As this week’s Big Ten meetings in Chicago have reinforced, the expectations are again high for Ohio State’s football team this fall.
Despite losing star tailback Chris Wells, top receivers Brian Robiskie and Brian Hartline and three of its defensive leaders in linebackers Marcus Freeman and James Laurinaitis and cornerback Malcolm Jenkins, the Buckeyes were picked Monday by a panel of medial members who cover the conference to win the Big Ten.
It’s not a big surprise. Ohio State has won or shared four straight Big Ten titles. The Buckeyes also return arguably the most dynamic player in the conference in sophomore quarterback Terrelle Pryor, who was selected the conference’s preseason offensive player of the year.
The Buckeyes’ first-place ranking also says a little bit about the state of the conference. Penn State has a good chunk of talent back from its Rose Bowl team of last year and Illinois possesses a lethal pass-catch combo with quarterback Juice Williams and receiver Arrelious Benn.
However, the Big Ten as a whole is still lacking elite level teams. Minnesota and Michigan State are on the rise, but Michigan is still going through a massive overhaul and Wisconsin continues to slip from its status as a conference power.
From an outsider’s perspective, voting an Ohio State team hit hard by graduation as the conference’s best does not look like a very good endorsement to the expectations for the rest of the teams in the league.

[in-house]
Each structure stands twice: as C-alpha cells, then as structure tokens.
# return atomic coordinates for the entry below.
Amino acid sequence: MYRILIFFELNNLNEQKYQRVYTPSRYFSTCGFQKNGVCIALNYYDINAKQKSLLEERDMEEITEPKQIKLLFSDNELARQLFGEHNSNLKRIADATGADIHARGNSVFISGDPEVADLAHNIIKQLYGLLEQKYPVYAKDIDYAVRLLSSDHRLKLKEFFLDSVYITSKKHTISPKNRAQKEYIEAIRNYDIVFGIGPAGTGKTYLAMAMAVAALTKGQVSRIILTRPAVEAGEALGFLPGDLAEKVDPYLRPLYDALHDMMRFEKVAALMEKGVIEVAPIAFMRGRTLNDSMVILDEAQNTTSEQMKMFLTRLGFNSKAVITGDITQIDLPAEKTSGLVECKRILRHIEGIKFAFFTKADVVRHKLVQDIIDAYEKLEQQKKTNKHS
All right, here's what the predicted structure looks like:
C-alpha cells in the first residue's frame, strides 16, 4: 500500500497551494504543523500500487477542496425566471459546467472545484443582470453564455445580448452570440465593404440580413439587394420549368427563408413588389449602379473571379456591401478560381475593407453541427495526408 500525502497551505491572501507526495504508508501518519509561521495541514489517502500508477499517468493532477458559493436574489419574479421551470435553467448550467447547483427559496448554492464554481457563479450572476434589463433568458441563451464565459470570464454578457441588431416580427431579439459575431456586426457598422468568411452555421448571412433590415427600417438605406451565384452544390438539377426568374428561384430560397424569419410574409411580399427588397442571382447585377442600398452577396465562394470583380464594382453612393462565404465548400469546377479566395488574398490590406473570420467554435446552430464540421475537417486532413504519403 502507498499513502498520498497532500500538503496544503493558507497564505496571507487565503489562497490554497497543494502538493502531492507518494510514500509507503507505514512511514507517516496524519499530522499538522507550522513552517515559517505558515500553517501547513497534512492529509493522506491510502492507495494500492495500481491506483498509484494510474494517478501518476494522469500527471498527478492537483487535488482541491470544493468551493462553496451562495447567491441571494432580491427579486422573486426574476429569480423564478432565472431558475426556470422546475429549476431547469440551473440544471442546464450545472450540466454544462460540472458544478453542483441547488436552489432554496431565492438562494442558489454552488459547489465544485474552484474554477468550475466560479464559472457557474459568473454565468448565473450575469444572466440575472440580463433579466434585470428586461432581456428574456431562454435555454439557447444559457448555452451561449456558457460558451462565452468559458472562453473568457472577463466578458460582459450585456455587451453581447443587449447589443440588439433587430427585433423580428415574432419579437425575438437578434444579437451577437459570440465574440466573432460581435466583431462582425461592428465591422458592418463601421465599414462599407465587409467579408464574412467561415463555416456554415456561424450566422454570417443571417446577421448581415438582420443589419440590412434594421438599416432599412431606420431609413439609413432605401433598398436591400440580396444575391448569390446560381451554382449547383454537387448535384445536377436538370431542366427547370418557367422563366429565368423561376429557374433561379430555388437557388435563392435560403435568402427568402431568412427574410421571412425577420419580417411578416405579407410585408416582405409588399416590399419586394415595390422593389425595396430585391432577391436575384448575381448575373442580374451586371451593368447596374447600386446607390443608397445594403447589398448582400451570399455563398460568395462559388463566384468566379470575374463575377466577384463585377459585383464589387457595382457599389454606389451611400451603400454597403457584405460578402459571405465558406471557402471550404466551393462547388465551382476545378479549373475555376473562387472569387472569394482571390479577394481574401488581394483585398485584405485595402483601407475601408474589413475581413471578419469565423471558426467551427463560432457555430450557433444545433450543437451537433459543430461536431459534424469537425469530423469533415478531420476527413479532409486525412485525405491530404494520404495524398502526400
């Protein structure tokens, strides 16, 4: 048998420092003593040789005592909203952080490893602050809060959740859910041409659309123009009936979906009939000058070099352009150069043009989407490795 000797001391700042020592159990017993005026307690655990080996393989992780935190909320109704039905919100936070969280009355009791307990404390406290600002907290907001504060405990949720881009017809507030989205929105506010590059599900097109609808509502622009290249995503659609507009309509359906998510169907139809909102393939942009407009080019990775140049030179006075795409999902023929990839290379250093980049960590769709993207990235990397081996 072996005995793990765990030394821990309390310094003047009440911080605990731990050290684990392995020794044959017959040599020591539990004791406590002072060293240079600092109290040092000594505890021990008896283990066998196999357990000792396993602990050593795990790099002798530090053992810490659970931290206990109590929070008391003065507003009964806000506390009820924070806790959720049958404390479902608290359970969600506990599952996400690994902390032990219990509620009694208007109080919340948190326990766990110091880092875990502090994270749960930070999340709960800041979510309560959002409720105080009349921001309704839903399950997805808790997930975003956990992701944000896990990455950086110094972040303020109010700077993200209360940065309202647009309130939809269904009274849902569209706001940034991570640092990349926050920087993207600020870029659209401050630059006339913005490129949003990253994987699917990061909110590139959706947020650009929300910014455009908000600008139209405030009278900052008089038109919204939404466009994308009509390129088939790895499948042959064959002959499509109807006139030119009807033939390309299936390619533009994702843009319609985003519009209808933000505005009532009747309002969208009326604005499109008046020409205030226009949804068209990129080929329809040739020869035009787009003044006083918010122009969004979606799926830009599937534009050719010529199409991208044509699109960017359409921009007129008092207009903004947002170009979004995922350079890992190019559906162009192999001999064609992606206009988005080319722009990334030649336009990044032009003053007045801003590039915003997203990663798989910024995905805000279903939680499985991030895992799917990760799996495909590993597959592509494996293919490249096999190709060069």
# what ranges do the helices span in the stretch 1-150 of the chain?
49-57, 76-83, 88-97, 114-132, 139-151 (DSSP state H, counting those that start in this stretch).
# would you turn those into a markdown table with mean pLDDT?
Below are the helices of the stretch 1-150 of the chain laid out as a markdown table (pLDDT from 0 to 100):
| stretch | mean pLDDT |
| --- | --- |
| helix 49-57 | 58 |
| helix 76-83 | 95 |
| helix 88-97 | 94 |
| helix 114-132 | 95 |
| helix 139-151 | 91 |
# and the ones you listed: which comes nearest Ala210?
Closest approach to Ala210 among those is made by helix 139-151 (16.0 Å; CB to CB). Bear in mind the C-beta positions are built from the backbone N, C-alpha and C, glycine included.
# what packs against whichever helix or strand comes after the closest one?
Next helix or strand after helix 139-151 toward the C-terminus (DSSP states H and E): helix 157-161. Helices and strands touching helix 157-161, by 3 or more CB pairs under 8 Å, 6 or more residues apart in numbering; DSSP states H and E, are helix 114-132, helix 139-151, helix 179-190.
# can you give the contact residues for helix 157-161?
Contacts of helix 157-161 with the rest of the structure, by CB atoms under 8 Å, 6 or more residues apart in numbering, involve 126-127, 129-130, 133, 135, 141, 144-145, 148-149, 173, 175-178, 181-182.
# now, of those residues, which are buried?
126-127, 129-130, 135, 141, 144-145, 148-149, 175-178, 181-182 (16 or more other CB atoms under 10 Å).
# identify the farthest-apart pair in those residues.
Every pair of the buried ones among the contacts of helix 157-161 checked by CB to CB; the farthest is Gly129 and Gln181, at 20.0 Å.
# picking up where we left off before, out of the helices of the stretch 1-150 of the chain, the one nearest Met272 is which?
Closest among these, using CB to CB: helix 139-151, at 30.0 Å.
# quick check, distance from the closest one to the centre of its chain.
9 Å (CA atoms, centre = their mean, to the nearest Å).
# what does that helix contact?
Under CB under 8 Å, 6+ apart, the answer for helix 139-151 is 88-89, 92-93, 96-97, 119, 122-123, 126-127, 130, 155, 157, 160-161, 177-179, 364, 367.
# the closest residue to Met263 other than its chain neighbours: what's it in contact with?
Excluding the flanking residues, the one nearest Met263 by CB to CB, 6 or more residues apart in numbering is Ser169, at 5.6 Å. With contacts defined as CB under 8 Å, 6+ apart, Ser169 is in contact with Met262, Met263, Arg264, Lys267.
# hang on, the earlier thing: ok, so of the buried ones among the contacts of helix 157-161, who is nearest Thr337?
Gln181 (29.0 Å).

But delving deeper into what Ohio State head coach Jim Tressel has done with young teams in the past gives merit to the Buckeyes being considered as the team to beat in the Big Ten.
In 2002, Tressel took a team with just a couple of seniors in the starting lineup to a perfect 14-0 season and a national title.
After losing Heisman Trophy winning quarterback Troy Smith, starting tailback Antonio Pittman and explosive wide receiver Ted Ginn Jr. after the 2006 season, Tressel guided the 2007 squad to a second straight national championship game appearance.
This year’s team is similar to those of 2002 and 2007. There is a lot of young talent on the team, but there are also a lot of question marks. With so many young players, there is the possibility of being inconsistent.
There are also questions regarding how much Tressel will open up the offense to allow Pryor to utilize all of his abilities, how well running backs Daniel Herron and Brandon Saine can perform as replacements for Wells, how quickly a rebuilt linebacking unit can gel and if there are enough receiving weapons to help Pryor.
Rebuilding has been kind to the Buckeyes in recent history, though. And with what Tressel has accomplished in the past in similar situations, another Big Ten title looks to be on the horizon.